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The formula below will do what you want.

[CODE=SUMPRODUCT(SUMIF(Data1,Codes,Amounts))+SUMPRODUCT(SUMIF(Data2,Codes,Amounts))[/CODE]

To make it easier to read I named the ranges as follows.

*Data1* = L5:L21 in your worksheet
*Data2 *= M5:M21 in your worksheet
*Amounts* = N5:N21 in your worksheet
*Codes* = A5:A7 in your sample worksheet

You can replace the names in the formula with the actual range addresses but since at least the *Codes* range is dynamic it will be a lot more efficient to apply the dynamism to the named range specification than to every formula. Look up "Dynamic named ranges" or ask on this forum.

The funny thing is that my method can handle only one column. There must be a better way to this. If there is it eluded me this evening. Therefore my formula just draws the total for each data column and adds them up.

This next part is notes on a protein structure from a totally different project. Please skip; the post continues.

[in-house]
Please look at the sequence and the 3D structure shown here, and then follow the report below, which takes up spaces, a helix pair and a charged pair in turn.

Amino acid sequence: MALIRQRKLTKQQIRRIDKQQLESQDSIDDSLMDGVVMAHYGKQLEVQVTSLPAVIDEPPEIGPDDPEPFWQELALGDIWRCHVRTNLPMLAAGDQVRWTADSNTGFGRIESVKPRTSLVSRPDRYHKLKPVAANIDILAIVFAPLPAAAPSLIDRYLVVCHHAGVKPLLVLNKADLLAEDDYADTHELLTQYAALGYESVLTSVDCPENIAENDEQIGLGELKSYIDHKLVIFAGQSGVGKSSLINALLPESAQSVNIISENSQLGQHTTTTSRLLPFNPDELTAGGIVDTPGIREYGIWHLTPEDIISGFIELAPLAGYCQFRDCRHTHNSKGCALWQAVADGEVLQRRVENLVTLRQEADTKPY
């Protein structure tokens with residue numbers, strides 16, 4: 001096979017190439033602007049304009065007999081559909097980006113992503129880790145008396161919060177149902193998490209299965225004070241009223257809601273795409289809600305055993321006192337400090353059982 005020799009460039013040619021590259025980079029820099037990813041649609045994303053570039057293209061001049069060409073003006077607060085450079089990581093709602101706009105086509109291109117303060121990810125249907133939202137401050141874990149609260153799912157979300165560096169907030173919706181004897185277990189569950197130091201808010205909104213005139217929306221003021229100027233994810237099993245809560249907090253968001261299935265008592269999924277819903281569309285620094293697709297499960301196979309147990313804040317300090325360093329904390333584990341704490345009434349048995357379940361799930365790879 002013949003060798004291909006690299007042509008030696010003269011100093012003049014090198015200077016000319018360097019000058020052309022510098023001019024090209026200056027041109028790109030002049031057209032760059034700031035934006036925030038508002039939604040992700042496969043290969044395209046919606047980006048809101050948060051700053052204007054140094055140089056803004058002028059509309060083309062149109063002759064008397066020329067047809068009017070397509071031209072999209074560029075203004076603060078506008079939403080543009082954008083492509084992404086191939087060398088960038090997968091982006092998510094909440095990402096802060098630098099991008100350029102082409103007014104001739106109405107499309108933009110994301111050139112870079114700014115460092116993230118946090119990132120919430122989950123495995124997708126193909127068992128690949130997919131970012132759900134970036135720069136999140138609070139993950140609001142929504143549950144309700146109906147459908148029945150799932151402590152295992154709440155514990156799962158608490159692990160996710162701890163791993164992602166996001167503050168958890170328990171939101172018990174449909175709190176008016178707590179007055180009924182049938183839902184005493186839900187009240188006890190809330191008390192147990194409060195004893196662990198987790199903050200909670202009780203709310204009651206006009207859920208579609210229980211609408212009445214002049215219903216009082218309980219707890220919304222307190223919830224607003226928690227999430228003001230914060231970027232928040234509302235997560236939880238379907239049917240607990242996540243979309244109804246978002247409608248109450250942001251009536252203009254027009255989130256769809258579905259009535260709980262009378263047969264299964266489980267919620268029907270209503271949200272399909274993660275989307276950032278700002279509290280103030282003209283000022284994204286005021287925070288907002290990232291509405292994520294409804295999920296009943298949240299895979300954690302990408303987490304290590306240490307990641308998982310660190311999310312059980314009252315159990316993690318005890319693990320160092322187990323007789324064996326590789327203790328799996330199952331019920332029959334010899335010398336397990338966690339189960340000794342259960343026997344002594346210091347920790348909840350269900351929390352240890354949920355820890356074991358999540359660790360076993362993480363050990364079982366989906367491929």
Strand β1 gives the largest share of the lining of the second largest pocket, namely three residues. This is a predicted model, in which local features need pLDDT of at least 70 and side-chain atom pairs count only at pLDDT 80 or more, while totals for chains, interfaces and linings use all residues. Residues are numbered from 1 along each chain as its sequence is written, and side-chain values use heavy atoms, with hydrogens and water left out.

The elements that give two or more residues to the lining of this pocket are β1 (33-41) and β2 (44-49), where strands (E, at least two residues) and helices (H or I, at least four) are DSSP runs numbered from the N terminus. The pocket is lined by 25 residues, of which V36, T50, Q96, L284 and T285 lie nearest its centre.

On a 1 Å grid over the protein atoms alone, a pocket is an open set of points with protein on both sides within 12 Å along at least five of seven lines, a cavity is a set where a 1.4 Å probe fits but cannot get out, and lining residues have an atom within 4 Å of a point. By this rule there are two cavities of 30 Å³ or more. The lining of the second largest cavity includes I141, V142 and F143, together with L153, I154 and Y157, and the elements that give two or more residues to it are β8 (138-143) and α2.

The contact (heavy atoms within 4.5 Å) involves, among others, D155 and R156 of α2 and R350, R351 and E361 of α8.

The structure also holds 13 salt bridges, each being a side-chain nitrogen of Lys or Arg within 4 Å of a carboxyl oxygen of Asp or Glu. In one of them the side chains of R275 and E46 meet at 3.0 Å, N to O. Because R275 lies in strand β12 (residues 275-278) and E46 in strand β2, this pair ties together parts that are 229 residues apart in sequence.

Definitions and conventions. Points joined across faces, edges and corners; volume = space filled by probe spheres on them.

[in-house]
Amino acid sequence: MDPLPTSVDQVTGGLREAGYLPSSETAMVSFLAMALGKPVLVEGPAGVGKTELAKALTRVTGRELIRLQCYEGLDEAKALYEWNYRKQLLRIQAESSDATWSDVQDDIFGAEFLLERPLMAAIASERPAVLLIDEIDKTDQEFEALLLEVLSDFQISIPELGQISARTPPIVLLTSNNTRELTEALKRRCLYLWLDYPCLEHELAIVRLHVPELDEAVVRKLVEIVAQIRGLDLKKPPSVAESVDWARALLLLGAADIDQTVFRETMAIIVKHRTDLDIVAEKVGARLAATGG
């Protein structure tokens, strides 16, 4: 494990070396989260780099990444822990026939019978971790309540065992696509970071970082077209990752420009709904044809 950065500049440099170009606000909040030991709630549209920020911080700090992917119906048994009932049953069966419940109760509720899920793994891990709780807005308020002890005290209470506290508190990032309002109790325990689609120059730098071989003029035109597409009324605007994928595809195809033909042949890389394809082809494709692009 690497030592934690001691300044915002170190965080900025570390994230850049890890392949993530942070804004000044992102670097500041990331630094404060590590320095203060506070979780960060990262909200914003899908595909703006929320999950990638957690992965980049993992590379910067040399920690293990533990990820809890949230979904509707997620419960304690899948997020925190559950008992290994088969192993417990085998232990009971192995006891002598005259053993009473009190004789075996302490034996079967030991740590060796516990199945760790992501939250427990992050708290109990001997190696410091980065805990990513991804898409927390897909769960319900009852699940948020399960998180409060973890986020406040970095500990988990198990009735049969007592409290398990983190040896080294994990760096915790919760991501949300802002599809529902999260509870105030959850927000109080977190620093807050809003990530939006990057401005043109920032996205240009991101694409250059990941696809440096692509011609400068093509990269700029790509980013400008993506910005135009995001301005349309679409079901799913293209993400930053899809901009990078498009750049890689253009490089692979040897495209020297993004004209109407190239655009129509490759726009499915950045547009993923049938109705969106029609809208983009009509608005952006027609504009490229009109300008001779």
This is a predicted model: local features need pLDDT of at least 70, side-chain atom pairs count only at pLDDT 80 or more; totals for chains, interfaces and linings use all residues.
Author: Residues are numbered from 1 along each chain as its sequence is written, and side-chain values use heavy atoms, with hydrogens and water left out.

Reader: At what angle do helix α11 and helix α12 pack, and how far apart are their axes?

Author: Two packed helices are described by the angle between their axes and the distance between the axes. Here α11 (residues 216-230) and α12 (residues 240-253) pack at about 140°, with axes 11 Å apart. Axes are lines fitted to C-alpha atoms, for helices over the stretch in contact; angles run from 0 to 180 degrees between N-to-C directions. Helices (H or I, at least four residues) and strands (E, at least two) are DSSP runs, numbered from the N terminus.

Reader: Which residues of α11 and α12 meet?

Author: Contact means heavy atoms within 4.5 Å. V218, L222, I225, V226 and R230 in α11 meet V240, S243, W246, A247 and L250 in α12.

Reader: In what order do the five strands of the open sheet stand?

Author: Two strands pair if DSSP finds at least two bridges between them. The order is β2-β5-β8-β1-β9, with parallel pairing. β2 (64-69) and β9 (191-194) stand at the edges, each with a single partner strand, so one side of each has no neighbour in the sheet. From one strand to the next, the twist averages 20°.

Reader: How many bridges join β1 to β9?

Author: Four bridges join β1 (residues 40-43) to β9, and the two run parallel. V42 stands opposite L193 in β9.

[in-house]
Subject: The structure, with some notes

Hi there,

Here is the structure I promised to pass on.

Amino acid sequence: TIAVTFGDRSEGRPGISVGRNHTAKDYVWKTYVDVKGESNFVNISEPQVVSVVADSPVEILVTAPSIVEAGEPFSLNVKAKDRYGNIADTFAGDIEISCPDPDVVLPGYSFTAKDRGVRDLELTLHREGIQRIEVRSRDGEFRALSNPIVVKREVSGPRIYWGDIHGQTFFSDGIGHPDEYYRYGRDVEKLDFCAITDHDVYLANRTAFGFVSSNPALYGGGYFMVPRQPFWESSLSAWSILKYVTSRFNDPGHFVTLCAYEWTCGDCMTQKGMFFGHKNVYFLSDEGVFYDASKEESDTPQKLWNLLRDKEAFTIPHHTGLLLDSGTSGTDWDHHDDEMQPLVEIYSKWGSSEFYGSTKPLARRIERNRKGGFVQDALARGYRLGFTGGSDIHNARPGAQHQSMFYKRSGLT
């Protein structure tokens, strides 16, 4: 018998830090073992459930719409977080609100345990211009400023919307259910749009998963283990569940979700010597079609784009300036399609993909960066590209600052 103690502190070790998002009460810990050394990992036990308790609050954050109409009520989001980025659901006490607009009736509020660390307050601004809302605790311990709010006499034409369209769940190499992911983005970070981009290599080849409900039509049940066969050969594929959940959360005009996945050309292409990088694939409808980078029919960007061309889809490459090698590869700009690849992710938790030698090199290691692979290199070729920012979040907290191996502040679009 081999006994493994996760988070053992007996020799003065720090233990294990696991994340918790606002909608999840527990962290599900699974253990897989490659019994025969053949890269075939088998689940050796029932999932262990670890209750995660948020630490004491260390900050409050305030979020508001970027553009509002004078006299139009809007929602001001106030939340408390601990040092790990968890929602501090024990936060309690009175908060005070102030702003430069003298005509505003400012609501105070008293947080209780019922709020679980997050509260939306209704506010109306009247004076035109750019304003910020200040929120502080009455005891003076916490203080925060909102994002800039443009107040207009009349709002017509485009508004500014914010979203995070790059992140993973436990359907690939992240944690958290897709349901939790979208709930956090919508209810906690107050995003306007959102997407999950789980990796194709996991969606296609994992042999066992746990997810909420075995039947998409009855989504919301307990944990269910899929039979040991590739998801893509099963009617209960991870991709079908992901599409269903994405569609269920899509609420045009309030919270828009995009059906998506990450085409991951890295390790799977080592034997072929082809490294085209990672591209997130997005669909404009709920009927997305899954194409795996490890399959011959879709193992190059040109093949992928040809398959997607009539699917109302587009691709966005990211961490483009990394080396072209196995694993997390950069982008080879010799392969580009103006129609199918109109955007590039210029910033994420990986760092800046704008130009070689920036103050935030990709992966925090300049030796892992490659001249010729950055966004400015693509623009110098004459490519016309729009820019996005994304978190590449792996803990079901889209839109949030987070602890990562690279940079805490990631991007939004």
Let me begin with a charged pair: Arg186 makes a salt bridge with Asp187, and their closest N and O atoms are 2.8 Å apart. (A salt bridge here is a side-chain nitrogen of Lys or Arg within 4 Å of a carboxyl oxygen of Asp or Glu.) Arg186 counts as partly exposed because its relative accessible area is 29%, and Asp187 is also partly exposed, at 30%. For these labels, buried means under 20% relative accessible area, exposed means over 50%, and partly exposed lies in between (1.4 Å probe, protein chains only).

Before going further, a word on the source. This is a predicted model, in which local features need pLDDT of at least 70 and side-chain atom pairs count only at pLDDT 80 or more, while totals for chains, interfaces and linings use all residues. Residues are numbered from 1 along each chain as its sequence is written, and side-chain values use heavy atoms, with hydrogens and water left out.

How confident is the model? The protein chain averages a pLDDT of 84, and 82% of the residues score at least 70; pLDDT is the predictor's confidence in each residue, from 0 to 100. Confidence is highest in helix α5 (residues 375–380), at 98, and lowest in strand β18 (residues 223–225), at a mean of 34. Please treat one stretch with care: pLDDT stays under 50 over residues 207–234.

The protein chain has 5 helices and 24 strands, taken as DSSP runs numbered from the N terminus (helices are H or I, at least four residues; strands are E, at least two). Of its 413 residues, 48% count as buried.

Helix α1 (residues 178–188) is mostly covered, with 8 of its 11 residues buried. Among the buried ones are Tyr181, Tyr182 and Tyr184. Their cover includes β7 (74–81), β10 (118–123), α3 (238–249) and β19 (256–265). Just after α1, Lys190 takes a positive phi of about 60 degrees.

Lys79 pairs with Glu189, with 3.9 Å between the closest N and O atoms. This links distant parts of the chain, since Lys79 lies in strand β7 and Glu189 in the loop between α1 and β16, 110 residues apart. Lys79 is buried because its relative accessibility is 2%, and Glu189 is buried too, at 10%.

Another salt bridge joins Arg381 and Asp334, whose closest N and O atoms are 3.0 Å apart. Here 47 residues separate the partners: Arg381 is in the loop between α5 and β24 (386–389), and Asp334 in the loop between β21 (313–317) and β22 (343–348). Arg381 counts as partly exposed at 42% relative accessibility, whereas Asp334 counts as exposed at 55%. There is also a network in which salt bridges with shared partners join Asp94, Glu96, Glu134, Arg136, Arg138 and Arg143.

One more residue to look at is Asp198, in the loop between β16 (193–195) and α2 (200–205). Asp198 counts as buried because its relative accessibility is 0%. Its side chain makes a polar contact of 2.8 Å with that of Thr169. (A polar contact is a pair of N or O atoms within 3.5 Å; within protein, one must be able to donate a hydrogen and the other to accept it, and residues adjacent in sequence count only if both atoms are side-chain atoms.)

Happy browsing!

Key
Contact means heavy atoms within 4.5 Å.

In my search for a better solution I hit upon the formula below which is using *SUM* instead of *SUMPRODUCT*. Unfortunately, it has the same drawback but seems to handle it a little smarter.

`=SUM(SUMIFS(Amounts,Data1,Codes),SUMIFS(Amounts,Data2,Codes))`

Note that this is an array formula. It must be committed with *Shift+Control+Enter* (in place of the simple *Enter* for normal formulas). Just type or paste the formula in the *Formula Bar* as usual but don't hit *Enter *when you are done typing. Press *Shift+Control+Enter* instead. When confirmed correctly Excel will dispaly the formula surrounded by curly braces in the *Formula Bar*. Else, there will be a *#VALUE* error.

This may tilt the balance to let you favour the *SUMPRODUCT* variety. Actually, *SUMPRODUCT* is perhaps the only worksheet function which naturally handles arrays, a capability otherwise reserved for array formulas.